Heart to heart with Lauren Simmons
LAUREN SIMMONS walks around with a seven-inch scar on her chest. But it doesn’t bother her.
She says she wears clothing that makes the scar prominent, so much that she forgets about it.
“I can see the stares . . . . I can feel the stares . . . . But it doesn’t affect me. People have summed up the courage to ask me about it and I have answered their questions. I feel better when they ask rather than stare.”
Lauren is in her final semester of her degree programme in dance and theatre at the University of the West Indies, Cave Hill Campus.
“I have a love-hate relationship with dance. I started when I was five years old and stopped when I was 12,” said the past student of Rock Christian Primary and St Ursula, adding that she was doing ballet. Lauren said she got into dance at UWI after she changed her major.
“I actually enrolled to do psychology and I needed an extra course and saw the dance course. I started that and in that same semester switched to dance. In my second year I got introduced to theatre.” Lauren said her parents, Andy and Melena Simmons, were supportive of her decisions, with dad coming around a bit later than mum.
“Dance is a challenge . . . . A personal challenge for me. You not only have to have your body right but also your mind, and spirit. “But there is no greater feeling when you put on that costume and your hours of practising pay off. It is a rewarding feeling. You invest in your character also in the dance piece.” Lauren said while she still gets short of breath, the heart surgery doesn’t affect her.
“I had the surgery when I was seven years old. They found out about the congenital heart defect when I was three months doing a checkup but the doctors said to let me get older to do the surgery.”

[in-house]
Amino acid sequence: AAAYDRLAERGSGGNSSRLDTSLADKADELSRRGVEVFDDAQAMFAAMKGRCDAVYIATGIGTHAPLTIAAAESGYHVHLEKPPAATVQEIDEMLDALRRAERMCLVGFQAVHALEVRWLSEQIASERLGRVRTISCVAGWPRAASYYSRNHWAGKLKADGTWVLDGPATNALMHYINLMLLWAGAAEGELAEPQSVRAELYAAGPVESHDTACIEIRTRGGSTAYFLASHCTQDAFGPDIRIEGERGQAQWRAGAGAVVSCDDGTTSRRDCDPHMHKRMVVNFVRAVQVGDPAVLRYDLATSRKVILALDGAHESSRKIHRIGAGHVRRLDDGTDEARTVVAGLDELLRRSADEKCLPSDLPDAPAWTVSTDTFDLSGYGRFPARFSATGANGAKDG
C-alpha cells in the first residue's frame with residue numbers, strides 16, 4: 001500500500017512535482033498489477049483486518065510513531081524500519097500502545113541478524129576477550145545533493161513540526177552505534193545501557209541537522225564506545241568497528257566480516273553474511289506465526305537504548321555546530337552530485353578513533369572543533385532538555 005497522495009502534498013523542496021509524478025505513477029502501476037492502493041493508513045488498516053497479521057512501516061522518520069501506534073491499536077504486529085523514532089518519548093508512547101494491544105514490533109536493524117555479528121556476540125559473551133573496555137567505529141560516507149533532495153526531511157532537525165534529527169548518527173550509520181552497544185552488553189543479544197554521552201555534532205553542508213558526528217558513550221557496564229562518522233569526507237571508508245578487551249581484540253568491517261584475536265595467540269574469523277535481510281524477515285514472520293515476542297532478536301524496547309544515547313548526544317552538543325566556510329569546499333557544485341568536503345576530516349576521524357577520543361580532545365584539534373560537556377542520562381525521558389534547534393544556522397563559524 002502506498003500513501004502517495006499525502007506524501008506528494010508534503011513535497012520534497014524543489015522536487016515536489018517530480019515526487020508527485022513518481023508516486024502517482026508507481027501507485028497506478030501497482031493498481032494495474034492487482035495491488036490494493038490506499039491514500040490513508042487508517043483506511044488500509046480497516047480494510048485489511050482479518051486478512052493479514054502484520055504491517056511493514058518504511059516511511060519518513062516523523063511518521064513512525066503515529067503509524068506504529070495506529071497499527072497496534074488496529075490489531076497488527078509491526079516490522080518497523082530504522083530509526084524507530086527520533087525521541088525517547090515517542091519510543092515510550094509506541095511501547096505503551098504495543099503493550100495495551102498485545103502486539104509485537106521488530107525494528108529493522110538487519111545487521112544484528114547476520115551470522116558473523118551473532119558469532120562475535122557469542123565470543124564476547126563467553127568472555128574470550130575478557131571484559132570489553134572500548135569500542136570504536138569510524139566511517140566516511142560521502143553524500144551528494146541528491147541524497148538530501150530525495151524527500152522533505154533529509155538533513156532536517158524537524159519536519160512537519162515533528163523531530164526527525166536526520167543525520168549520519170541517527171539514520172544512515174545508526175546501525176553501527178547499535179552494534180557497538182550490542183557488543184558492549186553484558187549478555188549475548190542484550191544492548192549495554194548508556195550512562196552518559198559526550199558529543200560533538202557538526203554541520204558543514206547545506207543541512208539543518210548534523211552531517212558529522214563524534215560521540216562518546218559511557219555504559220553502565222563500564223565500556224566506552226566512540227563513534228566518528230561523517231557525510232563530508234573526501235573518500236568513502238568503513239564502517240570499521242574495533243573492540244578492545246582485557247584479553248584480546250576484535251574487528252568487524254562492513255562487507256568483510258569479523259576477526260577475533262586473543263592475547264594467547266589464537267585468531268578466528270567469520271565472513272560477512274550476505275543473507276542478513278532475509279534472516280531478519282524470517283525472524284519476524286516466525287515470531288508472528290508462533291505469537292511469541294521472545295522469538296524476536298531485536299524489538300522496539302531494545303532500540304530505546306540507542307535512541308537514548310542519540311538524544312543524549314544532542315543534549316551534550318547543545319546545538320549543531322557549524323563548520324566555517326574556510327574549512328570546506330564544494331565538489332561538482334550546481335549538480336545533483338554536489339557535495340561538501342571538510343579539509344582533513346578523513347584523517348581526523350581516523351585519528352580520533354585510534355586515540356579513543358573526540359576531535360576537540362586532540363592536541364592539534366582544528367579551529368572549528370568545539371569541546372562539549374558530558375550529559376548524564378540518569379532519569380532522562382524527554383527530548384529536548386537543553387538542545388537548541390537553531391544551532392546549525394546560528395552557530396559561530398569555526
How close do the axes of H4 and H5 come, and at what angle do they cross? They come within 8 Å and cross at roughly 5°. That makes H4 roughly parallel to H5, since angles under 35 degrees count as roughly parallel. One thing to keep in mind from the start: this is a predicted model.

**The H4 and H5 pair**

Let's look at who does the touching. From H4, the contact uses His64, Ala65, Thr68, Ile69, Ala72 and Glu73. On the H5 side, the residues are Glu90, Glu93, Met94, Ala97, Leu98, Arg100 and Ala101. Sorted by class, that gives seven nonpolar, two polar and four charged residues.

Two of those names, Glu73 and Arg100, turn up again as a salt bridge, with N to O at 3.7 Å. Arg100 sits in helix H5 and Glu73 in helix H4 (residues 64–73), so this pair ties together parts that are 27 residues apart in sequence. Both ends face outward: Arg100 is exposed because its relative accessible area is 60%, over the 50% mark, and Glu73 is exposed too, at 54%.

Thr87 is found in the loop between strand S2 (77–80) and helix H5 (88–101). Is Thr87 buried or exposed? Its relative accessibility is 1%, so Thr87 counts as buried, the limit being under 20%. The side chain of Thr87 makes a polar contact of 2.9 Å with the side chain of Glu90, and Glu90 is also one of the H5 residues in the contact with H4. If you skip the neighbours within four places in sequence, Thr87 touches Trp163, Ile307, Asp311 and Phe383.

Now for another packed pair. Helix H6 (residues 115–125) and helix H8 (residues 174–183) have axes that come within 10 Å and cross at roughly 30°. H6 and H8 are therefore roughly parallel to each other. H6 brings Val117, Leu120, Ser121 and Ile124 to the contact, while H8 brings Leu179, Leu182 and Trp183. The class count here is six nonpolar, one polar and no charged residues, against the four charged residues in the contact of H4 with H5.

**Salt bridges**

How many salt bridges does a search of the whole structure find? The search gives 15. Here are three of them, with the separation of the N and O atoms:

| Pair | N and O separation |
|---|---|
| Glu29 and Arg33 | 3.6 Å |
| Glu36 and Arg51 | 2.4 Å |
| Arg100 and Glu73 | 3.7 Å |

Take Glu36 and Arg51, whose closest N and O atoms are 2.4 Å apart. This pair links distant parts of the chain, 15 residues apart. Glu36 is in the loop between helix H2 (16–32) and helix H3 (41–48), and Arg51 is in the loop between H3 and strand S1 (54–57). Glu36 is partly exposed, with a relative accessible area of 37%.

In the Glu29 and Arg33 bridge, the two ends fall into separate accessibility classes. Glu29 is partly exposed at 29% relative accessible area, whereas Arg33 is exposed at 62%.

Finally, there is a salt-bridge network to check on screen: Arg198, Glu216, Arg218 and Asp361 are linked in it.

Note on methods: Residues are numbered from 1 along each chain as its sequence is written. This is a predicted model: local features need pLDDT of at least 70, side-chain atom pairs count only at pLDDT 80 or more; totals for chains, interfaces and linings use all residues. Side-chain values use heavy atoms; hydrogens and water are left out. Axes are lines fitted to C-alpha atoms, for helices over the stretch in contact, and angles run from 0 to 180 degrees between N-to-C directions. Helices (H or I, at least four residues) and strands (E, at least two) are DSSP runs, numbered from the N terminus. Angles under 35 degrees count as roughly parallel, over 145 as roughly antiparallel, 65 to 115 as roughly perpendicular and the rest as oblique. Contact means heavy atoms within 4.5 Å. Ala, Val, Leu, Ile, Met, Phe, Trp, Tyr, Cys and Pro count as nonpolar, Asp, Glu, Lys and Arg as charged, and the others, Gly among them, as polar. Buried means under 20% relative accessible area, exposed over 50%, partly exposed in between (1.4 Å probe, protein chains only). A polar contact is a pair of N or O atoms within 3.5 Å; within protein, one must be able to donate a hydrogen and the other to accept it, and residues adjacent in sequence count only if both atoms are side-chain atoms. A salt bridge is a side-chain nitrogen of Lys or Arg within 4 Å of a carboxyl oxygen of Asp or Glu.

While the doc did say Lauren could have lived with it, as she got older it would have presented more issues.
“My aunt had the same problem and did the surgery. My parents said let’s get it done,” explained Lauren, who said the heart problem symptoms were similar to those of an asthma attack. She said she was continually monitored in the years leading up to the surgery.
“We did it in the summer so as not to miss school. I wasn’t nervous but more excited to go back to school.”
Lauren said she was a brave girl, going into the surgery by herself as her parents weren’t allowed.
“I was a happy girl in the hospital. I had a grand time. I made many new friends. My brother Jared, who is older, took it harder than me.”
The surgery was a success.
“The scar, it seems to affect others, not me. My aunt who had the surgery bought me turtlenecks and high collar shirts, assuming I should cover up,” she said wistfully, adding she wasn’t insecure about her scar.
Lauren said she sometimes forgets she has a scar.
“I think it’s cool actually. People stare then look away and when they feel curious and get comfortable they ask about it. I love the beach so I am there a lot in my bikini top,” adding that while she isn’t bothered about her scar she is more insecure about her weight.
Lauren said when she was about 18 she had chest pains and it was a harmless scare, but they were vigilant because of the nature of the surgery.
“I had occasional chest pains and went back thinking it’s something major, but it was just acid reflux,” she said laughing loudly.
Lauren said she eventually wants to end up in artiste management, a field she is highly interested in.
“I am still not sure what my life will end up to be. When school is finished I want to backpack and travel the world. I want to see things, learn new languages, new cultures. My mum is from Trinidad so I am always there, so I am fascinated by different cultures.”
When asked why not end up in dance she said: “To do that in Barbados you have to have that drive. I enjoy the benefits of it as I get to perform in different events, even with the National Cultural Foundation Crop Over programmes and at school but I don’t have the passion to do this for a lifetime.”